With every season change my allergies do what my two year old daughter does when she throws a tantrum: go crazy. To give some perspective on what crazy means, here’s a sweet little story.
One time Claire was upset, quite upset. I think it was because we wouldn’t let her use markers. So, as many two year olds do, she was yelling and flailing her arms, hitting anything within her reach—table lamps, books, almost a cactus. After a failed attempt to quiet and calm her with words, I held her arms by her side and, as softly as I could muster, told her she needed to stop throwing a fit and relax. I even gave her the option of coloring with crayons or color pencils. So, logically, she headbutted me in the face, which was upsetting, but at the same time hilarious. Where did she learn to headbutt? Or did she just think, my arms are incapacitated, so, well, I guess I better slam my head into dad’s forehead to free them. It worked.
Anyways, that’s what my allergies are like. With every season change they headbutt me in the face. My eyes become raw, red, puffy, watery, my nose fluctuates between runny and stuffed, and my head feels like a mouth at a marshmallow eating contest. It’s great! Strangely enough, there is something great, or at least nice, about it. My allergies, reacting to whatever change is happening in the air and the world around me, warn me that new things are coming. Right now my senses are going haywire to let me know that fall is around the corner, and that makes me happy.
Words cannot describe how much I love the fall. (I just thought about the phrase, “words cannot describe.” It’s actually quite an adequate, even elegant way of describing something, because let’s face it, so much of what’s wonderful in our human experience is indescribable. Side note finished).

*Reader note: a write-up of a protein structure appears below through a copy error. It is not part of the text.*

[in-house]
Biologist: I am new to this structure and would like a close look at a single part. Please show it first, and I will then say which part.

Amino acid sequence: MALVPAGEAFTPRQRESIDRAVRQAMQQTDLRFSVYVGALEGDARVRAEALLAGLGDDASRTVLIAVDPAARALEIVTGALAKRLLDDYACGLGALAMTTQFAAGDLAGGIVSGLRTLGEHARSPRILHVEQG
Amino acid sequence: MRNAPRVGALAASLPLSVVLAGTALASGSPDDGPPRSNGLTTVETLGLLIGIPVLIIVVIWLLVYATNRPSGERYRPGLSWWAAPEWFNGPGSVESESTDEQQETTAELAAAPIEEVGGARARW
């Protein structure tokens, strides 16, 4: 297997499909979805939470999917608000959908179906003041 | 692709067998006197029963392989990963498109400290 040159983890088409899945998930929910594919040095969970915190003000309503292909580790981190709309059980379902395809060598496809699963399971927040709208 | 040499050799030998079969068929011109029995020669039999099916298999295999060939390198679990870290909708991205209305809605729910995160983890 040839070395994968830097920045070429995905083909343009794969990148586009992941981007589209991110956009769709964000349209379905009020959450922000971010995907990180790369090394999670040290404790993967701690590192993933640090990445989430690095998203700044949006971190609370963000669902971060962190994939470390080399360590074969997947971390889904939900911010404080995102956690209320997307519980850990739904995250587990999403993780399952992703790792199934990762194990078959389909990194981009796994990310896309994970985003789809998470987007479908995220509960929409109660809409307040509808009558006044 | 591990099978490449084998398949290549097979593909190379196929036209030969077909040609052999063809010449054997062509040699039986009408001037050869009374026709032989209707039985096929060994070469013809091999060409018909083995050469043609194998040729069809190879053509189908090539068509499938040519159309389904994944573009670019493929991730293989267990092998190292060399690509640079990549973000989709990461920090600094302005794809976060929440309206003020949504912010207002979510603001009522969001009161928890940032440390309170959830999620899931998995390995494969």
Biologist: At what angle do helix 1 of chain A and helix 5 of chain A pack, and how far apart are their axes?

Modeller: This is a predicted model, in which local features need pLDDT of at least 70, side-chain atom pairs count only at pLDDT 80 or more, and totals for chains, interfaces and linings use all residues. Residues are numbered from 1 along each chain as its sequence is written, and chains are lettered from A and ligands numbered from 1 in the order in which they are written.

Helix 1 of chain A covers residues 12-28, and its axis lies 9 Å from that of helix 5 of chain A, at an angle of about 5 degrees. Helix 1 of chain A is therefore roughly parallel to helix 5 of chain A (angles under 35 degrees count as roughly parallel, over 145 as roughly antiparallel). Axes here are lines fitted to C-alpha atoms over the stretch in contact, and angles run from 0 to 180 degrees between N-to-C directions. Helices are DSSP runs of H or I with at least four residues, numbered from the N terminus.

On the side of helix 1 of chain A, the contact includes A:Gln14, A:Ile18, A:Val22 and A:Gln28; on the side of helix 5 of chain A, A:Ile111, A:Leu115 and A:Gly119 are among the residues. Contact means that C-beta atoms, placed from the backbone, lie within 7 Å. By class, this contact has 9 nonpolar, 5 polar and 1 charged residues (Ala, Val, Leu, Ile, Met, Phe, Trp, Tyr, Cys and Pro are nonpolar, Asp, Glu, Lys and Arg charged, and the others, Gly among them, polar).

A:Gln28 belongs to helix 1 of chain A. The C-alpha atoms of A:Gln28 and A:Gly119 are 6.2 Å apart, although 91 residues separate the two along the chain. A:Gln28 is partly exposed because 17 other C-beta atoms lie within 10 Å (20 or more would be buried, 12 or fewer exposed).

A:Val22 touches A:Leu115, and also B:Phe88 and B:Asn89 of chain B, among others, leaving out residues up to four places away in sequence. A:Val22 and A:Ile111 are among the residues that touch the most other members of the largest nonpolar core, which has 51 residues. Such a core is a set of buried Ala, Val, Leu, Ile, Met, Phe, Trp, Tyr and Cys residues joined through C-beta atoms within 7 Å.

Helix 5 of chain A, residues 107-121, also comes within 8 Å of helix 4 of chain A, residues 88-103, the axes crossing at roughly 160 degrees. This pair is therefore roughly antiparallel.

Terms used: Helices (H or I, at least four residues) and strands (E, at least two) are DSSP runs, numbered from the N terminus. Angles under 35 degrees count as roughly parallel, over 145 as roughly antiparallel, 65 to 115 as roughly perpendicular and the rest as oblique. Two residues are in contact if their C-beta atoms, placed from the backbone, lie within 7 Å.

We’ve been gone a lot. Saturday was the first weekend back to routine in our little city. We woke up around 7:15—which is sleeping in for us—Rinda made yummy pancakes, we got ready, and then walked out the door, on our way to the farmer’s market.
What a fantastic place to celebrate the arrival (or soon arrival) of fall: fresh looking and smelling produce (many perfectly at home in the fall color scheme), pet owners walking (showing off) their various breeds of dog, delicious pastries, and colorful, happy people. It was heaven.
But the cherry on top came shortly after we had the absolute pleasure of marching around the farmer’s market with a jazz band, made up almost entirely of old men, as they played “When The Saints Go Marching in.” After that, we were on our way out, making our last lap (the market is set up in a circle around a downtown park) when we were stopped by these succulent words yelled by a vendor: “Handpressed apple cider. A variety of 5 full apples in each glass!” If these words are not fall on the ears, I don’t know what is. We quickly bought two, and the brownish gold liquid disappeared just as rapidly. It was fall on the tongue, and finally, fall in my being.
I’ll drink to that.
I was in such a good mood that I didn’t even think to say “we can’t afford it” when Rinda mentioned wanting to buy a bouquet of flowers. She bought them and they were beautiful.
What a day.
Rinda, Claire, flowers, and if you look closely, an empty cider cup.